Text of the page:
I attended the Paralympic Games this week. It was hard enough to get tickets to the Olympic Stadium, given the success of London 2012, and I was full of awe at just being there.
My eight-year-old daughter was beside herself with excitement: she’d been looking forward to it for weeks. She throws herself into whatever event, party or park she’s at, wholeheartedly and whole-bodily present. In comparison, I often find my mind wandering, and my body shifting to get comfortable. I envy her ability to truly live her moment.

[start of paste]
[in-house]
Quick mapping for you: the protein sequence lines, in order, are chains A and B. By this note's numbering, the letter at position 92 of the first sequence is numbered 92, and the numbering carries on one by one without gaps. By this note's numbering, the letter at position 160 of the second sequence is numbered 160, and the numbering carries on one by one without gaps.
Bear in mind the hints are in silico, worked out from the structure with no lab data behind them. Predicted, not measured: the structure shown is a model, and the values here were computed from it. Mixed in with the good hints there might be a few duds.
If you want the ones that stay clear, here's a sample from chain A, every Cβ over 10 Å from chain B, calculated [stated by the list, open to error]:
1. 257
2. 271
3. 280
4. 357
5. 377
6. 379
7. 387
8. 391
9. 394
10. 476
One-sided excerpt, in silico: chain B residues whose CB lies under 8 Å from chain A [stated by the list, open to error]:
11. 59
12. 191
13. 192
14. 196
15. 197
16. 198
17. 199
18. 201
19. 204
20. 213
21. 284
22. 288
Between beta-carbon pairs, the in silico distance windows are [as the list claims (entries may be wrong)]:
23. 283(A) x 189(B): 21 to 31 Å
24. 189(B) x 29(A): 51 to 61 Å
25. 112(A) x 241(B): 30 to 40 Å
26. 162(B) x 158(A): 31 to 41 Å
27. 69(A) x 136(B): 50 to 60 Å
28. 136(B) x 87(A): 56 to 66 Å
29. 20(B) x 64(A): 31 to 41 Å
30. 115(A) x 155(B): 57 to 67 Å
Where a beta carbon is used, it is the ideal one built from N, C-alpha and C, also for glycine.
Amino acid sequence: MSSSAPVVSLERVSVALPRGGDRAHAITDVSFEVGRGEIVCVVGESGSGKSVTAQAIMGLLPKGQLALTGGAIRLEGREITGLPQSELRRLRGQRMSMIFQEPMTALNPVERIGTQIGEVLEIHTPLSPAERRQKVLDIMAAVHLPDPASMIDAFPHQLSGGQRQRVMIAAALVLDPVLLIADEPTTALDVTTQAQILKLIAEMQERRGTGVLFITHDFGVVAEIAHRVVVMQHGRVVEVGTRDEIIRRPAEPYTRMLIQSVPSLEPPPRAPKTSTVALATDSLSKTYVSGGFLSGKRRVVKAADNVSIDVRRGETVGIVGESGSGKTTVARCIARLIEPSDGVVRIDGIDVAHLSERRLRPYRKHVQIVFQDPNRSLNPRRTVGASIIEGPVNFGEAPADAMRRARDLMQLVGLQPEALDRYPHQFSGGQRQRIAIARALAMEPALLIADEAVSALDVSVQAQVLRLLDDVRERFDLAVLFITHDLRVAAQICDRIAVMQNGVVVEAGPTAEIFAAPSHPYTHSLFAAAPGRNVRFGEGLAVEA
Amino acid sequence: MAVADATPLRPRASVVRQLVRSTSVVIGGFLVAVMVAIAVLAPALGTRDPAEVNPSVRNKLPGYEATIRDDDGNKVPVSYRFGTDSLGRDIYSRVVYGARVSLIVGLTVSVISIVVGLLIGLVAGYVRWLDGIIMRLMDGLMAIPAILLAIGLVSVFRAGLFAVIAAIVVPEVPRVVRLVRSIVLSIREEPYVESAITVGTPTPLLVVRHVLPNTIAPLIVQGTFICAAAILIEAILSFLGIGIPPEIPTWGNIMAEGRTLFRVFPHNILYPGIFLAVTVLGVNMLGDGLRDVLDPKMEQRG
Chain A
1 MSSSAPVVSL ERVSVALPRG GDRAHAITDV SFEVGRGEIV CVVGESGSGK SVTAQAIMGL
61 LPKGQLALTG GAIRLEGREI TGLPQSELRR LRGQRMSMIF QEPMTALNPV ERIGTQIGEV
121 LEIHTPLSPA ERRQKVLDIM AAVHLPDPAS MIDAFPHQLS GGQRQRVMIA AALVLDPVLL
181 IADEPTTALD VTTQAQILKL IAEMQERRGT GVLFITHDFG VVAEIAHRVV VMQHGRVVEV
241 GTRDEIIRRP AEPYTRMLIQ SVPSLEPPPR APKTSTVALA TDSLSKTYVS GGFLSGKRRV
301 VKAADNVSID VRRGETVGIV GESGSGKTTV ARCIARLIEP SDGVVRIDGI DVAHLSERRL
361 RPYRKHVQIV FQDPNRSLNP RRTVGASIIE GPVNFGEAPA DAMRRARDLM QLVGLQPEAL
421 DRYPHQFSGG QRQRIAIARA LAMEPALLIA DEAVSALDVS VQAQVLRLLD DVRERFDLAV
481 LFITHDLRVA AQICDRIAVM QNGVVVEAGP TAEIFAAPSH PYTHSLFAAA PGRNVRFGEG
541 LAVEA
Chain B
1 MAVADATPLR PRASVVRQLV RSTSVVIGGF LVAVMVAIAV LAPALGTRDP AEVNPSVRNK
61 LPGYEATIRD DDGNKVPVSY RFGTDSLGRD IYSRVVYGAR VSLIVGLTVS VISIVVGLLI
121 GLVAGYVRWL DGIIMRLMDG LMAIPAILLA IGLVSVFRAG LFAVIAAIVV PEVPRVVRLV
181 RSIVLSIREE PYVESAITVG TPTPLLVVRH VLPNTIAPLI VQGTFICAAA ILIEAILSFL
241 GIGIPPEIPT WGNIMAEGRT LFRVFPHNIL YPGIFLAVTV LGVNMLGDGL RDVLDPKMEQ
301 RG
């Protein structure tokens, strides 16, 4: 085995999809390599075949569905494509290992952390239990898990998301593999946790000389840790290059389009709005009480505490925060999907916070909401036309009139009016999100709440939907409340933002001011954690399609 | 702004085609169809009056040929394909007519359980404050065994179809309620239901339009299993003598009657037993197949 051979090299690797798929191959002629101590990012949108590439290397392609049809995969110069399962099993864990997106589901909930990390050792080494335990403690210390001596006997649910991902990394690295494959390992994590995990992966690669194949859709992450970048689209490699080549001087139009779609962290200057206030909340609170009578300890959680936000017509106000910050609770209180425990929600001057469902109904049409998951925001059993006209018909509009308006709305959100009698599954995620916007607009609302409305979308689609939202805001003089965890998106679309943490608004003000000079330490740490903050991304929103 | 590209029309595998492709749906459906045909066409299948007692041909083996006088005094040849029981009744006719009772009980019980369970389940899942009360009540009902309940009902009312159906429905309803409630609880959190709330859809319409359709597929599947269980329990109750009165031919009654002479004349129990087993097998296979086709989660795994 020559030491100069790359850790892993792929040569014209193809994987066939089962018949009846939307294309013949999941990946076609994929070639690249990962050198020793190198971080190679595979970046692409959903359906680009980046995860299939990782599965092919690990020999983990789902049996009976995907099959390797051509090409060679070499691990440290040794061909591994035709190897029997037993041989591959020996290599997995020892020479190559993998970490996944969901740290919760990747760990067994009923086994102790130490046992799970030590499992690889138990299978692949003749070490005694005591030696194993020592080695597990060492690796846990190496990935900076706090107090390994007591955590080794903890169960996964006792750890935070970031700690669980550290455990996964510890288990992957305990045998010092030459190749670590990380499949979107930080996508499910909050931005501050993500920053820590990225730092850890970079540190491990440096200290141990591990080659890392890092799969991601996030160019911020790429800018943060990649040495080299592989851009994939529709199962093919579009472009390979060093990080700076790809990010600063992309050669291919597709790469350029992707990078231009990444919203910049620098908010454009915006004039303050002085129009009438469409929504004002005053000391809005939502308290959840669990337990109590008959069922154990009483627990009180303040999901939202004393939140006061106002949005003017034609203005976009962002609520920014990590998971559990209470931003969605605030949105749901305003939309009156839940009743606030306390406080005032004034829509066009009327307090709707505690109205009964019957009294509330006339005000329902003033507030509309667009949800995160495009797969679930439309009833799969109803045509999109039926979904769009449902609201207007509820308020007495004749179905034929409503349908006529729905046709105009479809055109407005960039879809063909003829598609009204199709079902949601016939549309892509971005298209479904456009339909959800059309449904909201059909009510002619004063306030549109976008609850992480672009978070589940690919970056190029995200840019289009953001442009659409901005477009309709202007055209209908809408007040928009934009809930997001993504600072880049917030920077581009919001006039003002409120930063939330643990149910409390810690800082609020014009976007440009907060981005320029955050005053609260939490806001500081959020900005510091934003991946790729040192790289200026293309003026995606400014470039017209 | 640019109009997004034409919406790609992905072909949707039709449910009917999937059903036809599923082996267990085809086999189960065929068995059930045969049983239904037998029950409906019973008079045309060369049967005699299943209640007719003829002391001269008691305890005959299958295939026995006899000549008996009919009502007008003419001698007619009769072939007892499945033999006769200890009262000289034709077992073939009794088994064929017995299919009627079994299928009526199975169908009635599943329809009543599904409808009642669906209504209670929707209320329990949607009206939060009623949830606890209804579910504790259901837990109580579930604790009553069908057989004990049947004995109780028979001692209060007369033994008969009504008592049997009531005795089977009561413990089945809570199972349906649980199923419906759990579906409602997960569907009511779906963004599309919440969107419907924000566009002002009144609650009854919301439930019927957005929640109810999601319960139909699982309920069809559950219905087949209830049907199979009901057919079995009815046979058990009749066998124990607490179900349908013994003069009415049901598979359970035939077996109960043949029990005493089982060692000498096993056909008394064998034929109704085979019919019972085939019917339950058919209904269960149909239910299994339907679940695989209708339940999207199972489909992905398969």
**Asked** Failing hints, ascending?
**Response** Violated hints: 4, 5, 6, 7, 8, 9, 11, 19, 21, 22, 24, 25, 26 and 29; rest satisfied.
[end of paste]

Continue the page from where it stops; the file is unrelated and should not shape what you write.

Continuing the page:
Except at the Paralympic athletics this week, I lived mine. From the moment I entered the stadium – watching strong men in wheelchairs power across the finish line, one-legged men effortlessly clearing high jumps, and the whole crowd cheering for every other country’s anthems – I felt humbled to be human. Especially given the superhuman feats taking place in the stadium in front of me.
It was a hot evening, but a friendly and uplifting one. I breathed in each moment I was there, knowing there wouldn’t be any others like this. I didn’t want the lights to come on, because I knew that would signal home time.
I truly lived my BIG moment because I knew my chance to watch Paralympic athletics at the London 2012 Olympic stadium would never come again. So why don’t I appreciate all moments in the same way – big, small or otherwise – even though I know they won’t be repeated either…?